This case is moot because in their complaint plaintiffs challenged only the legality of the Navy's alleged Thirds Policy, but even they admit that the Thirds Policy ended in 2001 and that the Navy now maintains no religious quotas. Plaintiffs nonetheless insist their claim remains live, but each of their three arguments fails.

First, as plaintiffs correctly point out, a defendant's voluntary cessation of a challenged practice moots a case only if the defendant shows that: (1) "`there is no reasonable expectation . . .' that the alleged violation will recur," and (2) "interim relief or events have completely and irrevocably eradicated the effects of the alleged violation." Davis, 440 U.S. at 631, 99 S.Ct. 1379 (quoting United States v. W.T. Grant Co., 345 U.S. 629, 633, 73 S.Ct. 894, 97 L.Ed. 1303 (1953)). Plaintiffs argue that the Navy flunked condition one because it failed to prove that it wouldn't reinstitute the Thirds Policy and condition two because it still uses the CARE Board. As to the first condition, because plaintiffs never allege that the Navy is likely to or even considering reinstituting the Thirds Policy, there is "`no reasonable expectation . . .' that the alleged violation will recur." Id. (quoting Grant, 345 U.S. at 633, 73 S.Ct. 894). Plaintiffs point out that the Navy still has authority to reinstitute the policy, but "the mere power to reenact a challenged [policy] is not a sufficient basis on which a court can conclude that a reasonable expectation of recurrence exists. Rather, there must be evidence indicating that the challenged [policy] likely will be reenacted." Nat'l Black Police Ass'n v. District of Columbia, 108 F.3d 346, 349 (D.C.Cir.1997). The record here contains no such evidence. Plaintiffs insist that the Navy's continued defense of the now abandoned Thirds Policy amounts to evidence that the Navy will reenact the policy. In support, it cites our statement in Doe v. Harris, 696 F.2d 109 (D.C.Cir. 1982), that "when a complaint identifies official conduct as wrongful and the legality of that conduct is vigorously asserted by the officers in question, the complainant may justifiably project repetition." Id. at 113. But this case differs significantly from Harris. There, the defendant expressly said it would commit the same alleged violation again under certain circumstances, giving the plaintiffs solid "evidence indicating that the challenged [policy] likely [would] be reenacted." Nat'l Black Police Ass'n, 108 F.3d at 349. Here, by contrast, the Navy has never said it will reenact the Thirds Policy, and plaintiffs have not even alleged as much. As to condition two, the Navy's continued use of the CARE Board is irrelevant because the Board no longer applies any type of religious quota system.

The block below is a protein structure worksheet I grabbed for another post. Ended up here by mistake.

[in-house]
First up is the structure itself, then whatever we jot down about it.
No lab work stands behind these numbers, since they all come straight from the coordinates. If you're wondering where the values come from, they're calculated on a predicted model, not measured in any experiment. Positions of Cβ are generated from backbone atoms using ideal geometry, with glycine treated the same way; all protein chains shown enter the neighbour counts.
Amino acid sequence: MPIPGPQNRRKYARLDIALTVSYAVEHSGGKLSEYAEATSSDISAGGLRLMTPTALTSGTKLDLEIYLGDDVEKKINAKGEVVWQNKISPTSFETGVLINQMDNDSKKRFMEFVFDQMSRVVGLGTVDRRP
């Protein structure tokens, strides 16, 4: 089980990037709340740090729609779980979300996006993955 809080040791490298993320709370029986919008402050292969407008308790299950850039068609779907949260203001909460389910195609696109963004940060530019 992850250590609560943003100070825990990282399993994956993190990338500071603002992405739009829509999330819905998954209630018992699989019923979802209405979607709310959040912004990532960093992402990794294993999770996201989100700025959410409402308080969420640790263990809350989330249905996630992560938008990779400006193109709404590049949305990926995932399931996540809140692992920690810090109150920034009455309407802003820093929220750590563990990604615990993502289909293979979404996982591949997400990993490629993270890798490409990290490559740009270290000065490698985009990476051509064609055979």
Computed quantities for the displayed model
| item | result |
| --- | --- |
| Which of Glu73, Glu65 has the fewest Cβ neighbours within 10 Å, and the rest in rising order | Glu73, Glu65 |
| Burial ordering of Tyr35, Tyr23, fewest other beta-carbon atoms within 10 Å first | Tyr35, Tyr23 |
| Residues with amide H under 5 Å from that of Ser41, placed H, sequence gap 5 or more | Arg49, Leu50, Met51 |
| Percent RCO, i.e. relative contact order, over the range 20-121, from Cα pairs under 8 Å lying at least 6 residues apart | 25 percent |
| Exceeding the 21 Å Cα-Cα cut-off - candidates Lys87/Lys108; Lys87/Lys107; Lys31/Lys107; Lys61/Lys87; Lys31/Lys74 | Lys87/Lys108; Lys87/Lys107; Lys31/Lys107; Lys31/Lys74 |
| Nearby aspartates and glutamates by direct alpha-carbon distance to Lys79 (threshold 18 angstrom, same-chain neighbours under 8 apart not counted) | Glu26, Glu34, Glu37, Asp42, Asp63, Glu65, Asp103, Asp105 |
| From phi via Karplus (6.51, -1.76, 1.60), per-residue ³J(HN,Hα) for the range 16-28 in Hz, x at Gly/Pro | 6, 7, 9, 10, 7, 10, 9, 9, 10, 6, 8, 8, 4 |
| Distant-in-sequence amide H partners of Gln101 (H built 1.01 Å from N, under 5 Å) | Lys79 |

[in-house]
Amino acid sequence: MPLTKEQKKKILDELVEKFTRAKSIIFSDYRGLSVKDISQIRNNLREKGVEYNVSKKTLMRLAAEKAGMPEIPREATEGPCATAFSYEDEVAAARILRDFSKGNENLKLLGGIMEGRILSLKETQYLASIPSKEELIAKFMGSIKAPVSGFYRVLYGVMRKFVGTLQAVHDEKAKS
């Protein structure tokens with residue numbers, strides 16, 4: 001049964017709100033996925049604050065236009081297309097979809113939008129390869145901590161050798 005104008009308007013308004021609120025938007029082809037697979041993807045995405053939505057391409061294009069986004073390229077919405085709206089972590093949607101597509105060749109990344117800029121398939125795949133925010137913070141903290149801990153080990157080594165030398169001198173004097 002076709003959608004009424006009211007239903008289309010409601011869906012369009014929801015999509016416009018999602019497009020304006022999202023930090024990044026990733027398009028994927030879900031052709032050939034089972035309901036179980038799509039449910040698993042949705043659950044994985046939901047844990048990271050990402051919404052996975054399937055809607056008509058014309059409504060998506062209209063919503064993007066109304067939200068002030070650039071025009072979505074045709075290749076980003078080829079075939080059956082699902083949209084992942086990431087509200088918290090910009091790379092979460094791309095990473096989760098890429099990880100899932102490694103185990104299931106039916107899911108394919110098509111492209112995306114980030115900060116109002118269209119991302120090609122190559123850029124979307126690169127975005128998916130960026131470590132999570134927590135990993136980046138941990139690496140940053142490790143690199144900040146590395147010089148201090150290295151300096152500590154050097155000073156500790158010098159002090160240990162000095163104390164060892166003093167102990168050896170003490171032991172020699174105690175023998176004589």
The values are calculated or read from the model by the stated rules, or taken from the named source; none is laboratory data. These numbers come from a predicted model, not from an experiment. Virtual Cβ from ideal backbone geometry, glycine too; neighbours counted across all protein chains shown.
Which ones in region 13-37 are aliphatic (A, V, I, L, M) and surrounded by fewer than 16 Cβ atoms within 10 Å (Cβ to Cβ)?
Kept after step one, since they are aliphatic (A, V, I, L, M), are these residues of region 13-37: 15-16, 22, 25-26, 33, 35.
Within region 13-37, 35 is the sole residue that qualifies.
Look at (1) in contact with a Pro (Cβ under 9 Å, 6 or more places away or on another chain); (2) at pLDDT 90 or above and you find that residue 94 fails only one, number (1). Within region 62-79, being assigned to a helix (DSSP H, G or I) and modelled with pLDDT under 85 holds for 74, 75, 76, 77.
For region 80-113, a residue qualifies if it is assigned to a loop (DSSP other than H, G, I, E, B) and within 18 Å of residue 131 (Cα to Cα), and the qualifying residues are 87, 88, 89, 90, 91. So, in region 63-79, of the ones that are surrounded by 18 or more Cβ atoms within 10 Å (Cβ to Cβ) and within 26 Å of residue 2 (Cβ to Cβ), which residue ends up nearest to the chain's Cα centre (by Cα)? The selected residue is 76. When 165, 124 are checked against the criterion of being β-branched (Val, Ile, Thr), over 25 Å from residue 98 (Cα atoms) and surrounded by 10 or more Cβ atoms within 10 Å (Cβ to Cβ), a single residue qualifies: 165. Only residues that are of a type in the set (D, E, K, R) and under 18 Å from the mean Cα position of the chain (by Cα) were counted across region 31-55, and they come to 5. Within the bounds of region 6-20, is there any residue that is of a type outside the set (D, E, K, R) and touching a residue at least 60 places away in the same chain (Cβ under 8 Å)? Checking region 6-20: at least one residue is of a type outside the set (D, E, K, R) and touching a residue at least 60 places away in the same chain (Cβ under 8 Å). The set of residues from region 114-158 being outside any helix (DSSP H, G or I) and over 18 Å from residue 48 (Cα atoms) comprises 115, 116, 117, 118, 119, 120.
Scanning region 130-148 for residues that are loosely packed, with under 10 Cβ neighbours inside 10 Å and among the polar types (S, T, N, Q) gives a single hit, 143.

Second, as plaintiffs again accurately point out, a case is not moot if a court can provide an effective remedy. See Church of Scientology of Cal. v. United States, 506 U.S. 9, 13, 113 S.Ct. 447, 121 L.Ed.2d 313 (1992). And according to plaintiffs, this court can provide a remedy, namely "a declaration that the Thirds Policy . . . was unconstitutional, their rejection unlawful, and that an injunction be granted preventing its reimplementation." Appellants' Opening Br. 37. But because the Navy already eliminated the Thirds Policy and plaintiffs never allege that the Navy will reinstitute it, any injunction or order declaring it illegal would accomplish nothing—amounting to exactly the type of advisory opinion Article III prohibits. Of course, if the district court's sovereign immunity holding was incorrect, plaintiffs' claim for "constructive credit" might defeat mootness, but because plaintiffs never argue this ground for avoiding mootness, we decline to consider it. See Carducci v. Regan, 714 F.2d 171, 177 (D.C.Cir.1983) ("[W]here counsel has made no attempt to address the issue, we will not remedy the defect. . . ."). Our concurring colleague is correct that in Lesesne ex rel. B.F. v. District of Columbia, ...